Posted in Movie Reviews

Carol

carol-film
Rooney Mara, Cate Blanchett: “Carol”

There’s a scene in Todd Haynes’ “Carol” that could serve as a master class on film acting. Cate Blanchett, as the title character, and Sarah Paulson as Abby, her best friend and former lover, are sitting in a booth at a bar. They’re talking as friends do when they catch up, in this case discussing Carol’s infatuation with the younger Therese and her problems with her estranged husband Harge, and Abby’s crush on a Rita Hayworth-type redhead. But what’s so arresting about their conversation is not what they say, it’s how they relate to each other. With minimal effort, Blanchett and Paulson manage to convey the depth and length of their friendship and not just the love but the regard each has for the other. After the movie’s exceptionally slow beginning, this scene is so welcoming it’s ridiculous. It jumps right off the screen.

Too bad the rest of “Carol” isn’t as consistently engaging or as expertly done.

Based on the Patricia Highsmith novel, “The Price of Salt,” “Carol,” with a screenplay by Phyllis Nagy, is centered on the relationship of a soon-to-be-divorced woman (Blanchett) and the younger Therese (Rooney Mara), a budding photographer working in a department store to pay the bills. Set in 1952, it’s definitely “the love that dare not speak its name” territory. The crowded room across which the ladies first lock eyes is the toy department during Christmas shopping season. Therese sells Carol an expensive train set as a present for the latter’s four year-old daughter, Carol (accidentally?) leaves her gloves on the counter, Therese mails them to her, Carol invites her to lunch and….we’re off.

But not really, because this is the slowest film I’ve seen in a very long time. As in “Far From Heaven,” his earlier foray into the 1950’s, director Todd Haynes is obsessed with details of setting, props and decor. Unfortunately they’re not substitutes for pacing and story details (Though I will say I loved Carol’s tank of a car—I knew immediately it was a Packard—and recognized its ’50’s New Jersey license plate as the type my family’s Chevy once sported).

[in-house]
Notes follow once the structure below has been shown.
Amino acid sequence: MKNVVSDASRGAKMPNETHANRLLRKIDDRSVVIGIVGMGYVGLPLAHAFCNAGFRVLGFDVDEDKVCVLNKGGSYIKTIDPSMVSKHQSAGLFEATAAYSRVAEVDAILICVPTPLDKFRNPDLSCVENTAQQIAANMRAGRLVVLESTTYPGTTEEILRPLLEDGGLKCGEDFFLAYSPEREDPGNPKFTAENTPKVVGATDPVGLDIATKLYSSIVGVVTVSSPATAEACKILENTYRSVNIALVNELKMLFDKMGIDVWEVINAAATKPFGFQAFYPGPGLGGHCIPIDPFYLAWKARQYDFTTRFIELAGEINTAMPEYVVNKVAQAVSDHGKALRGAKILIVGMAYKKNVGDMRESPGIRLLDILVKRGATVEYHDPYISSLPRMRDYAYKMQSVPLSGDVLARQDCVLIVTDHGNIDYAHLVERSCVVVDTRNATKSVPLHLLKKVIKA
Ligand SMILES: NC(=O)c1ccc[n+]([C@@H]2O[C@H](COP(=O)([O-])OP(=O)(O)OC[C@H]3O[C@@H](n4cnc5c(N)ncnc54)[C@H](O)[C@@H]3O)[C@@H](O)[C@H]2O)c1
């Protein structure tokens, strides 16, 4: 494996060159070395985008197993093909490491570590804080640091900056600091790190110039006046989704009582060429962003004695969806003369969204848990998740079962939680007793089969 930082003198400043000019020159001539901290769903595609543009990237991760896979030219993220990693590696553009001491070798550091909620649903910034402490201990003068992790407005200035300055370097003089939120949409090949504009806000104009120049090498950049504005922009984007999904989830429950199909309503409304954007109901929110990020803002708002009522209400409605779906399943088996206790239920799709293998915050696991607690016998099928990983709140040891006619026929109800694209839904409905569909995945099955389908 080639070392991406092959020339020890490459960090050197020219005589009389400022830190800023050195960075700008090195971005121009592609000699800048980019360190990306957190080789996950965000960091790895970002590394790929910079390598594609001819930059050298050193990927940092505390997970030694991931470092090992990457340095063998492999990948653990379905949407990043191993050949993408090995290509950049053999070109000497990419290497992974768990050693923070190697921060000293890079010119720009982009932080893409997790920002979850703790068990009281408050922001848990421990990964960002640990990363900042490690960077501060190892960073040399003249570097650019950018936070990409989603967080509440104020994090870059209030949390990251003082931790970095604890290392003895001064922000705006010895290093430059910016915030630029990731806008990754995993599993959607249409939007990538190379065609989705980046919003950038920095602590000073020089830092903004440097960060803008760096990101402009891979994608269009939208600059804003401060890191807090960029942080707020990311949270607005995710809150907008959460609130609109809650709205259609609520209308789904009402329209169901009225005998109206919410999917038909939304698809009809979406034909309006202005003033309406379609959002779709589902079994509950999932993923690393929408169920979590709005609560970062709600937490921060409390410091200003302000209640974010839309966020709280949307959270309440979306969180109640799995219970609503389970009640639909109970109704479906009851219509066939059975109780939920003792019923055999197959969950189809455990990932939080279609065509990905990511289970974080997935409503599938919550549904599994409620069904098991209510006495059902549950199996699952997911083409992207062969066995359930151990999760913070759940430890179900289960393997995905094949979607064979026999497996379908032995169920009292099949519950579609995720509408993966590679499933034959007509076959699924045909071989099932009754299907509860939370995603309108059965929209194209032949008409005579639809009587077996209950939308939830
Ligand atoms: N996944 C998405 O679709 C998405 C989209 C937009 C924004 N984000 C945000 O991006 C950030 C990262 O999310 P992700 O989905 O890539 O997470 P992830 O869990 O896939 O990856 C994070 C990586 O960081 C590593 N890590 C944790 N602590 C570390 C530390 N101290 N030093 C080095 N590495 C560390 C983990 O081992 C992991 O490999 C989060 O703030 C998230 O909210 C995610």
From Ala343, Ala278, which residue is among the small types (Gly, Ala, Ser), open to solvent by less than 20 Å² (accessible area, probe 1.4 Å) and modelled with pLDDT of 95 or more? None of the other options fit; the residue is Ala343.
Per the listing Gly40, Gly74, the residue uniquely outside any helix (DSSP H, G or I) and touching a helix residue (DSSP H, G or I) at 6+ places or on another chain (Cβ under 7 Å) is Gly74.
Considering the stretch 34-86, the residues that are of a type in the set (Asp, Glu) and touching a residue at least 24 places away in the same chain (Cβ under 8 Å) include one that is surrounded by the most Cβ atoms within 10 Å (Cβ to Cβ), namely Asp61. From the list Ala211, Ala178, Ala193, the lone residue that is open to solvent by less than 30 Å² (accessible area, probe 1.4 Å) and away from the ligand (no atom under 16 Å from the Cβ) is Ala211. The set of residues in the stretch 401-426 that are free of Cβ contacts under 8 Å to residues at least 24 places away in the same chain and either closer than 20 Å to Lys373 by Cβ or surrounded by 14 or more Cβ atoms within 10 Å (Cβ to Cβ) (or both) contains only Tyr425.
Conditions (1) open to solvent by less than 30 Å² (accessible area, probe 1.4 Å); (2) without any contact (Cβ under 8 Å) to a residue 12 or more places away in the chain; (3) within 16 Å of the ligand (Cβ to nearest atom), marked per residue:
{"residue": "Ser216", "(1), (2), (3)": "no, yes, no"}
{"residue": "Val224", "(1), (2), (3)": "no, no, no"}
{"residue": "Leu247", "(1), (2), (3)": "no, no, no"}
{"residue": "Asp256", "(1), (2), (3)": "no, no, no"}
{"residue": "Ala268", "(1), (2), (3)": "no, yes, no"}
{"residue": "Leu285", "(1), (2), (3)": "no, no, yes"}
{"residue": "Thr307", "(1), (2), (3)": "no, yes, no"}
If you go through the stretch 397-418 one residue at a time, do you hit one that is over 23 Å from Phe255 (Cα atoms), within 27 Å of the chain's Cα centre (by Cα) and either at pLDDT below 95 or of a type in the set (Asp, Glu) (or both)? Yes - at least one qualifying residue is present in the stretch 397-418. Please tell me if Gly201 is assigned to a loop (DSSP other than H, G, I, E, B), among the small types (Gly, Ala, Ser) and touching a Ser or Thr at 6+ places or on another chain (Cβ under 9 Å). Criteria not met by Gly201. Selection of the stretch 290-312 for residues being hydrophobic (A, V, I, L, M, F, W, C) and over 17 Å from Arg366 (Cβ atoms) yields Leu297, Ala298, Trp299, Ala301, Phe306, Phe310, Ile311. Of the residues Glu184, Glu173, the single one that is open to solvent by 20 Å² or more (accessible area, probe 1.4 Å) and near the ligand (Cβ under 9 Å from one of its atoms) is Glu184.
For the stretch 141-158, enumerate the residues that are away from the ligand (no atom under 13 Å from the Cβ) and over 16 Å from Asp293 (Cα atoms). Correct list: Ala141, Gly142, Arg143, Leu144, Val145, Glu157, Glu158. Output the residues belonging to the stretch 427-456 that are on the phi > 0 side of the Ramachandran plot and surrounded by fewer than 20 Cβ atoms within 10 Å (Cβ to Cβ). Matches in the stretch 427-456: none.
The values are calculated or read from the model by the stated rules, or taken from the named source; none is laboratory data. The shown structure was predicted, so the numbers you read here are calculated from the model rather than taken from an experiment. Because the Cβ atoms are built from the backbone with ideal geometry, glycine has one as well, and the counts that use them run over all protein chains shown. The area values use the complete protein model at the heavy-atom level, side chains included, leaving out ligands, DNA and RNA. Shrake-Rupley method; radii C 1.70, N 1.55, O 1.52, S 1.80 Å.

While I don’t think the film is the masterpiece some critics claim it to be, the framing of the story is beautifully realized. The movie begins as we follow a man from a train station to the dining room of a nearby hotel; he turns out to be a friend of Therese, who’s having tea with Carol. He invites her to a party and they depart; the film flashes back to the day Carol and Therese met and the story is then told chronologically until we’re once again at the hotel. Only this time the perspective is entirely different—we’re witness to Carol and Therese’s conversation and the nature of what’s at stake between them. Your realization that we’re back to where we were at the beginning is a mild shock, but an oddly enjoyable one.

What “Carol” does have going for it is some great acting. This is Rooney Mara’s film, hands down; it would not surprise me in the least if she takes the Oscar as Best Actress. The camera just loves her, and rightly so—there’s more than a suggestion of the young Audrey Hepburn and, if you know your ’50’s movies, Maggie McNamara (“Three Coins in the Fountain” is one of my guilty pleasures). Ms. Mara shows us there’s more to this young woman than what’s visible at first glance. She has enough strength to withstand her fiancé’s constant push that they marry and sail for France; she gives us the sense that she’s beginning to know what she wants out of life. Whatever Therese lacks she certainly acquires along the way. Her growth into a woman with some steel is readily apparent by the end of the film—that meeting of Therese and Carol over tea, post-breakup, is a wonderfully nuanced scene of emotional push/pull. It’s at that point you realize that these two could really be a worthy match for each other.

Maybe it’s the roles she’s been playing lately, but Cate Blanchett seems to be on the verge of becoming a Grand Lady, and I don’t mean that as a compliment. She’s more than a bit predatory at the beginning of “Carol,” and she’s not flattered by the ’50’s makeup which tended to make a woman look older than her years back in the day. While the character has a great many issues, there seems to be an awful lot of heavy lifting on Ms. Blanchett’s part, especially involving Carol’s relationship with her soon-to-be ex, Harge (Kyle Chandler is a wonderful actor, but he can’t seem to escape the stereotype of WASP-who-drinks here). Despite her love for Therese (and yes, the bedroom scene is hot), I really didn’t like the character all that much until she grew a backbone in the confrontation at the lawyer’s office. When she dictates her own custody terms as a “take it or leave it,” that’s when “Carol” finally blooms.